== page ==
Most homes have air-based heating and cooling systems. While circulated air can effectively control the temperature of your home, not everyone finds the outcome to be satisfactory. In these situations, some homeowners turn to radiant heat.
What Is Radiant Heat?
Radiant heat is a heating and cooling process through the surfaces of your home. Most often, people install radiant heat in their floors, but it can also be used in the walls or other surfaces. This targeted approach provides direct heating or cooling for more palpable results. Radiant heat can be electric or water-based, and it can be installed throughout the whole home or simply in a small space.
While there are many advantages of radiant heat, it is not an apt solution for every home. Before making any type of investment, be sure to analyze your home’s features thoroughly to see if radiant heat is right for your home.
How Efficient Is Your Home?
Some homes are insulated well, keeping hot and cold air inside where it belongs. On the other hand, some homes have old windows, outdated insulation and unnecessary gaps in the siding. If you put radiant heat in these types of homes, the investment will be questionable. For very efficient homes, the improvement of radiant heat will not be dramatic enough. In homes with less efficiency, the radiant heat will not be retained sufficiently. However, for homes between those extremes, radiant heat can be a great solution for moderate heating and cooling issues.
What Surfaces Do You Have?
Radiant heat is best when used with tile or concrete. These materials conduct heat better, providing more dramatic results. If you are set on using radiant heat with wood floors, you need to select a wood that is specially designed for that purpose. It is also worth noting that you can put radiant heat in your ceilings. In fact, if you are more concerned with cooling your home, putting radiant heat in the ceiling is a superior choice.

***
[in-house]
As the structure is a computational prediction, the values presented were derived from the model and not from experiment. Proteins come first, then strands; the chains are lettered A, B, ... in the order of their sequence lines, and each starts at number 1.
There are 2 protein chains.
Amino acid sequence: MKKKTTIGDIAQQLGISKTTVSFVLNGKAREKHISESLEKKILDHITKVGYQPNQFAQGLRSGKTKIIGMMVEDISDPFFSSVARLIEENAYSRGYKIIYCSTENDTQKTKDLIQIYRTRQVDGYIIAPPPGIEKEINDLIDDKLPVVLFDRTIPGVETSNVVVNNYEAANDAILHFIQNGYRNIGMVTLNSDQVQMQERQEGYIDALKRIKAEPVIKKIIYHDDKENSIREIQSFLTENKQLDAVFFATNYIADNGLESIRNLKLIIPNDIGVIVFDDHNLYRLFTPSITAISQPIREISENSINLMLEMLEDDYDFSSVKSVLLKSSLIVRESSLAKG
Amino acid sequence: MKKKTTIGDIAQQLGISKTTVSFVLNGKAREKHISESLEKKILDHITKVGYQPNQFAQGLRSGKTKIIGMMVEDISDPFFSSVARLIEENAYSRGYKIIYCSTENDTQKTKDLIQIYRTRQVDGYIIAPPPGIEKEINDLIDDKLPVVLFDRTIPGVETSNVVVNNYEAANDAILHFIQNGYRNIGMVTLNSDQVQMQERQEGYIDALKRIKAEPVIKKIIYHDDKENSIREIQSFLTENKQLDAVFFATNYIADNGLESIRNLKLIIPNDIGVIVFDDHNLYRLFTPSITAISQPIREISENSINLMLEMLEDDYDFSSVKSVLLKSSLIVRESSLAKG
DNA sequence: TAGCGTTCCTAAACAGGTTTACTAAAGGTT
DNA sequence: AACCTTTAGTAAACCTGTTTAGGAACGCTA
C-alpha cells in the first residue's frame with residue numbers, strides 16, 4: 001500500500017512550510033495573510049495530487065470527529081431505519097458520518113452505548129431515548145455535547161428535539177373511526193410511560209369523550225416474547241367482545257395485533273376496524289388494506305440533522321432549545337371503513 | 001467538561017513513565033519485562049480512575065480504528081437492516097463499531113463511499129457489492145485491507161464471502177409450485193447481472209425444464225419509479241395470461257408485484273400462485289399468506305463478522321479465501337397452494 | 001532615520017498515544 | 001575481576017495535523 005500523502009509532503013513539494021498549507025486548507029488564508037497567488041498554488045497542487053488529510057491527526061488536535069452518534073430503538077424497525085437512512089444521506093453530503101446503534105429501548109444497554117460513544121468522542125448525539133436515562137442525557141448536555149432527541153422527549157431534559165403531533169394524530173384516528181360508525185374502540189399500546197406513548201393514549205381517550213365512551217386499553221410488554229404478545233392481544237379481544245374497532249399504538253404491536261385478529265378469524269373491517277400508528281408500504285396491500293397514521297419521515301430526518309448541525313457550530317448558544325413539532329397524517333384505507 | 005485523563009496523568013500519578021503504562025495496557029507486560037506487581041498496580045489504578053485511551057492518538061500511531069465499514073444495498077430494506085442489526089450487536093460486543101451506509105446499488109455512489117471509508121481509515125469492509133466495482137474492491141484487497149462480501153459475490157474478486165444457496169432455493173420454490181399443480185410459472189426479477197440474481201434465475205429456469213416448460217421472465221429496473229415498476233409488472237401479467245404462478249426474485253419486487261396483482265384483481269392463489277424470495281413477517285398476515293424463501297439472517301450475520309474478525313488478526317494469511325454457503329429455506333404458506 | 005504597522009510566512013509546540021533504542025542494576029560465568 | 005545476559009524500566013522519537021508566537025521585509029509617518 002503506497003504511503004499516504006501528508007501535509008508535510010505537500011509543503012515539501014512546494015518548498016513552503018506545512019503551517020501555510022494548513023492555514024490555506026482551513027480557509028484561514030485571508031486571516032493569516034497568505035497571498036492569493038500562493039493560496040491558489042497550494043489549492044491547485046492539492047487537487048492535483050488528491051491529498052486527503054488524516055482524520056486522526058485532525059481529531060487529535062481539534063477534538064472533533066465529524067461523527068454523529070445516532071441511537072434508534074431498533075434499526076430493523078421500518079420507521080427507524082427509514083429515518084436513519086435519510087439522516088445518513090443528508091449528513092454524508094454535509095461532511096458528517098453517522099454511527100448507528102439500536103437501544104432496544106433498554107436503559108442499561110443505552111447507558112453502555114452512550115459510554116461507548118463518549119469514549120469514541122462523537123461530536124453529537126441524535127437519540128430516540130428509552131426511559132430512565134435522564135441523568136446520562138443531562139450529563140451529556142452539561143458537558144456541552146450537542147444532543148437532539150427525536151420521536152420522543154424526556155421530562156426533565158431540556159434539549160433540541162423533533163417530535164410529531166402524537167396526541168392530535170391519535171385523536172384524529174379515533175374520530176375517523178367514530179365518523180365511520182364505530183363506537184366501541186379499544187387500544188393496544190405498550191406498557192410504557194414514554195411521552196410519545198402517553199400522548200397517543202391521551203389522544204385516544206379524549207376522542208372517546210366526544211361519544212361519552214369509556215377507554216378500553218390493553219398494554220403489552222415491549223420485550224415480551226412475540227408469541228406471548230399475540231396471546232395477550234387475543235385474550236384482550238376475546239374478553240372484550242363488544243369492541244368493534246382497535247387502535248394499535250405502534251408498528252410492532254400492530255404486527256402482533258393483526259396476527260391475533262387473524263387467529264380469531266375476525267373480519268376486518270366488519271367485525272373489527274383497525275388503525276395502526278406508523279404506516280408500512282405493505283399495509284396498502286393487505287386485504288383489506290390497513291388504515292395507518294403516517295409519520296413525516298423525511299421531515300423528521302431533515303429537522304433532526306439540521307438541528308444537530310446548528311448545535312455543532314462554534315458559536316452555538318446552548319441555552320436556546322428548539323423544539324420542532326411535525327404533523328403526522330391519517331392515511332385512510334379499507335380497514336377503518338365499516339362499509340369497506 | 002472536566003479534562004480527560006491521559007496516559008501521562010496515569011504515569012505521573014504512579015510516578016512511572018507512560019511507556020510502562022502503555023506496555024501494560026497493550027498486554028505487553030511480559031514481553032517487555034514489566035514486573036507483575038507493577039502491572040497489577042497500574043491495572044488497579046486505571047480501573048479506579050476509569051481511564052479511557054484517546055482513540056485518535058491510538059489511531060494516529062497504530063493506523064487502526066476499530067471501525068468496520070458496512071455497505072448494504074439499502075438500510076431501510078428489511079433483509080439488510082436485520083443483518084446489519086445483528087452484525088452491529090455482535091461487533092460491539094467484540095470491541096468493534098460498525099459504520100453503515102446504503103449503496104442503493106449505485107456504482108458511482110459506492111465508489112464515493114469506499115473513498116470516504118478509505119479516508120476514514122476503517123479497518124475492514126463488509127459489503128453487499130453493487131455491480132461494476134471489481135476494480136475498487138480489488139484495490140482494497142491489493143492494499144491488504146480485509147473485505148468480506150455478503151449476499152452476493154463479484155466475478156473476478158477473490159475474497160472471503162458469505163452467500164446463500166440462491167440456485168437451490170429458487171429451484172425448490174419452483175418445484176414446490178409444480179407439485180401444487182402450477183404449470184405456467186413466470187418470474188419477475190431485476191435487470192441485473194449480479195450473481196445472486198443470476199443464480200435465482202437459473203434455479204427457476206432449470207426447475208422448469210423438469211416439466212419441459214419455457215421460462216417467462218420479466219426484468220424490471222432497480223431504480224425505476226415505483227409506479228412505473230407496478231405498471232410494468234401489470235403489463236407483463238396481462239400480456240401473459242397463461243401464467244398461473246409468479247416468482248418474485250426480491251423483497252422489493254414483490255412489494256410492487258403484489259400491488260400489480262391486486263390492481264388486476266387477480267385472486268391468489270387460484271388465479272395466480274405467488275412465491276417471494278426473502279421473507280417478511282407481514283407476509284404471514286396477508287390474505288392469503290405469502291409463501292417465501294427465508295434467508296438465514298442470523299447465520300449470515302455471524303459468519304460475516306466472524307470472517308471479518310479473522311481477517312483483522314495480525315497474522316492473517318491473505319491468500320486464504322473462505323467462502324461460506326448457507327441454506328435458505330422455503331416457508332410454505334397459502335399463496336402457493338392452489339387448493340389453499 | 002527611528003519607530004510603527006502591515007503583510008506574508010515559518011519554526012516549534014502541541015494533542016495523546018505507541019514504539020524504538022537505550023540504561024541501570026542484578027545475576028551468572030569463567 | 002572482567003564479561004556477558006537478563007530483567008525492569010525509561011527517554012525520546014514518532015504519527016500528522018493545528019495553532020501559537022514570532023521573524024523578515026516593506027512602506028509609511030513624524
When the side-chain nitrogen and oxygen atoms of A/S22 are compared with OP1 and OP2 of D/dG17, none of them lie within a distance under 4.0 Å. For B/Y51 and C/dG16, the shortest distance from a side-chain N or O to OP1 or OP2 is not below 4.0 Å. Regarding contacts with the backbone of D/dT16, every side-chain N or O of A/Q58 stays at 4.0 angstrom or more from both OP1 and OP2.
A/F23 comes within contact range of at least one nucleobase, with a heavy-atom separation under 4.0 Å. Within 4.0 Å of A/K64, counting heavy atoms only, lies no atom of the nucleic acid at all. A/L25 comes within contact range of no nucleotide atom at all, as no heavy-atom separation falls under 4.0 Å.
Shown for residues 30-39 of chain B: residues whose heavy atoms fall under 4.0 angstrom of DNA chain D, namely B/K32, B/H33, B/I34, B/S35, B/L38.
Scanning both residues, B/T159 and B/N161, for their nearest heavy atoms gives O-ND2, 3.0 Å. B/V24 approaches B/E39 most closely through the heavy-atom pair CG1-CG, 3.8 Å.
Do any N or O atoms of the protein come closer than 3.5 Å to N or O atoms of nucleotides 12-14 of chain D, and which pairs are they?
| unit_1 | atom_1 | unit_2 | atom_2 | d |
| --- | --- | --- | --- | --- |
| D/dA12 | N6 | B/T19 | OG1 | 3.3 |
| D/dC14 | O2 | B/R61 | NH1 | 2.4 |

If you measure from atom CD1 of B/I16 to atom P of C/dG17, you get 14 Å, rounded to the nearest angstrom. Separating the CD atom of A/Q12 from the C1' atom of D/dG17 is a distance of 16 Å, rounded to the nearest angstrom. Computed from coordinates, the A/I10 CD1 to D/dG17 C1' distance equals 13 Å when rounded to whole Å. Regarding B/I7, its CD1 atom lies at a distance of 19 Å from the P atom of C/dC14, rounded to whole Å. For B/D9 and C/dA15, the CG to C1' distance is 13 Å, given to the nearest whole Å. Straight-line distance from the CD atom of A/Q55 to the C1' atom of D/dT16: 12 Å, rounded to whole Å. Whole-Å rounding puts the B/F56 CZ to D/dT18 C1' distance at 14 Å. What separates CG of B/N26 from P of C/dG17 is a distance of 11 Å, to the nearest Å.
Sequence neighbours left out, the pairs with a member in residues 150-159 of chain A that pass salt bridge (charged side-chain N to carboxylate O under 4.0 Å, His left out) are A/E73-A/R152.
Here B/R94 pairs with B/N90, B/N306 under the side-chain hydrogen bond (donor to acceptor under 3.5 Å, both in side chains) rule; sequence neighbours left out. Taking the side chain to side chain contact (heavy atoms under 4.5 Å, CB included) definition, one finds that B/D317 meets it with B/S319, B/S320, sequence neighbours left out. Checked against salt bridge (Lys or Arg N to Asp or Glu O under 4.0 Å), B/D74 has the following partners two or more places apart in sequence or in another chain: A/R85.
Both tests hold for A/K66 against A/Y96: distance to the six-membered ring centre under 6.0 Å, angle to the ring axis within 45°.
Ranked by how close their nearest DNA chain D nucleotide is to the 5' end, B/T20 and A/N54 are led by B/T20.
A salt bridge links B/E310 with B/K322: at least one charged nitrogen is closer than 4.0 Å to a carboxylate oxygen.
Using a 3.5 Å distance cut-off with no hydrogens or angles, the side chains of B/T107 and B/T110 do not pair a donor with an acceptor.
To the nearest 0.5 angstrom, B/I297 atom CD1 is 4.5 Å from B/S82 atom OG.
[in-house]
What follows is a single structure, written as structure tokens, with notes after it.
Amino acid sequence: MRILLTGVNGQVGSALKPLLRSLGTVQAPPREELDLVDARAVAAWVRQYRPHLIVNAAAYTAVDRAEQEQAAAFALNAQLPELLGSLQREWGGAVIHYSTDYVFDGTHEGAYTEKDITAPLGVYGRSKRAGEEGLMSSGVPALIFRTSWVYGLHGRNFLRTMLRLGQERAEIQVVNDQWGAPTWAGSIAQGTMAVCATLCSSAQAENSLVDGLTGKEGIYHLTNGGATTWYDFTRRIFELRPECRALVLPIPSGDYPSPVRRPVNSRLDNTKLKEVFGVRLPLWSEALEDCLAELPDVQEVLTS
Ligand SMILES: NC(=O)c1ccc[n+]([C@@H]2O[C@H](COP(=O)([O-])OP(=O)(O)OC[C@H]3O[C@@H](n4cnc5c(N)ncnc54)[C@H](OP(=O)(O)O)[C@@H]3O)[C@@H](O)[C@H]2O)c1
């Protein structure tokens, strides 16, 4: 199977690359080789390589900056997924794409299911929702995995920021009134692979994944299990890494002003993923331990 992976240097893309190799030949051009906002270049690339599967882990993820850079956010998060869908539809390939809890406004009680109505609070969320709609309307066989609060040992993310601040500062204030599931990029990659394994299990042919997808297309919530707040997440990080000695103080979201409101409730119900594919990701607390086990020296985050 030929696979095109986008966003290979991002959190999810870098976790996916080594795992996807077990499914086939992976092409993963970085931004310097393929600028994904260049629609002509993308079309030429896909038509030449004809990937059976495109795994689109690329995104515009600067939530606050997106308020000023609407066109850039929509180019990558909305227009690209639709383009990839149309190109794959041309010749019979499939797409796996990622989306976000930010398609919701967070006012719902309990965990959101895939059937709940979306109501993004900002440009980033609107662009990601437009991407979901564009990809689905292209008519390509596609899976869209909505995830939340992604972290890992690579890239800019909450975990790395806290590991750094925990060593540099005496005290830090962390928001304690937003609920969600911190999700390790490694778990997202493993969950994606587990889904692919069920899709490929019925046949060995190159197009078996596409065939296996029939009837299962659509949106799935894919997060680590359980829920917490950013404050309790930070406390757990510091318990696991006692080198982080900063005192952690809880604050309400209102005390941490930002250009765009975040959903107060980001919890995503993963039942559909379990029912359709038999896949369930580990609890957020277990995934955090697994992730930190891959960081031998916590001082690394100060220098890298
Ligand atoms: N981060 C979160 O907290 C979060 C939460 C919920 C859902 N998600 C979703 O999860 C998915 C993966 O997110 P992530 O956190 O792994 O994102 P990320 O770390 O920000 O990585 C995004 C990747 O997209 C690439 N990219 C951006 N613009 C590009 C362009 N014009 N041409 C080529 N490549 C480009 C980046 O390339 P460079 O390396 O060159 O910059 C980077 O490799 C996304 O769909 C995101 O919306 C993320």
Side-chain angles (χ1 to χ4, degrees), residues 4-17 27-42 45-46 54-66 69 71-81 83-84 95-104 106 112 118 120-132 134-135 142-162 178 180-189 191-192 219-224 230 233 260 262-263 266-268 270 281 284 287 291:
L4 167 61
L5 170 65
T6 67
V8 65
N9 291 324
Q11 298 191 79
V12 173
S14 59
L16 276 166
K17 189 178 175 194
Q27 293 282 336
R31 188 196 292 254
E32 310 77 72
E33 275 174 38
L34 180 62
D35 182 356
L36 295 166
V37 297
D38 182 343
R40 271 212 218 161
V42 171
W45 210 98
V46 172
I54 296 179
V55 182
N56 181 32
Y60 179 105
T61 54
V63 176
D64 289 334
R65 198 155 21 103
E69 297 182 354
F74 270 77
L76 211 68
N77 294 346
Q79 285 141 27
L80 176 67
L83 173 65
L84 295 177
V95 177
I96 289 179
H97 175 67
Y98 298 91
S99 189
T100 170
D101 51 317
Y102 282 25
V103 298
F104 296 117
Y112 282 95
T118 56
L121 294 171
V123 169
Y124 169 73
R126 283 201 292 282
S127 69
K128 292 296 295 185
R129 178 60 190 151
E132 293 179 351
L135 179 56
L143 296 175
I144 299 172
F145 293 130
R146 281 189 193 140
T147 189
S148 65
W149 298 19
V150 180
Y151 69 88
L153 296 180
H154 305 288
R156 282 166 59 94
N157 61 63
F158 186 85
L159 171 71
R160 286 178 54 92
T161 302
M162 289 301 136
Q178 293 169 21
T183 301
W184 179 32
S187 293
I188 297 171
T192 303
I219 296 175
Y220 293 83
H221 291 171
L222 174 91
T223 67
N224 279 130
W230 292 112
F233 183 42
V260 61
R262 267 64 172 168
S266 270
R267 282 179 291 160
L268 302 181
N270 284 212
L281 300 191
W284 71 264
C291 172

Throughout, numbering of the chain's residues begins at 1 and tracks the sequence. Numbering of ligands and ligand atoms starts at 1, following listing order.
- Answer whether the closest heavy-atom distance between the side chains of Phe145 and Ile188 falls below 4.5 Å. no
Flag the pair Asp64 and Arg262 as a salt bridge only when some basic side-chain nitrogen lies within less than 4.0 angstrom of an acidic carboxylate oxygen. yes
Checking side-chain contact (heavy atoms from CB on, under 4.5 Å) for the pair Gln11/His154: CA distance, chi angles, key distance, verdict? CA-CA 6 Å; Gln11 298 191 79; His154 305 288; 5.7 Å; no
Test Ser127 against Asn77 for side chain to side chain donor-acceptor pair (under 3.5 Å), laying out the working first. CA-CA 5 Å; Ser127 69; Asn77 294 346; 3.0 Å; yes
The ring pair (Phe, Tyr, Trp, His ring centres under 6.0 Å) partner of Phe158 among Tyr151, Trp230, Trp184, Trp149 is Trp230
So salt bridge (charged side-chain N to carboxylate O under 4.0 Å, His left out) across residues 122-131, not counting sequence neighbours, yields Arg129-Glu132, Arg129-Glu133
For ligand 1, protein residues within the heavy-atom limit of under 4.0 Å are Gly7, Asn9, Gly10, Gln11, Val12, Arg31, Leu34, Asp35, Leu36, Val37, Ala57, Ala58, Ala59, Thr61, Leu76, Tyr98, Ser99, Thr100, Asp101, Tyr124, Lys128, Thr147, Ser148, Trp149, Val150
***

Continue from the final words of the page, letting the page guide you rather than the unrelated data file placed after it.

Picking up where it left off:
How Often Are You In Your Home?
Radiant heat, like any home improvement, needs to be considered in terms of the return on the investment. If you are not in your home on a daily basis, the cost of installation is often not worth it. Radiant heat takes time to reach peak efficiency, which is why dramatic results are often not noticeable until the system has been running for awhile. This is why radiant heat is best in your primary dwelling. Adding it to a vacation home is usually not a worthwhile investment.
Are You Remodeling or Building Your Home?
Because radiant heat is installed beneath the surfaces of your home, it is not a great choice for homeowners who are not interested in remodeling. If you are already tearing out surfaces or replacing your floors, however, radiant heat is much easier to install. Moreover, radiant heat can be a good choice for a new home since it can be added during the construction process.
Choosing Radiant Heat
To gauge whether or not radiant heat is right for your home, be sure to consult with the experts at Alair Homes Forest Hill Toronto. We specialize in all types of custom building and upscale home renovations. Contact your local builder today.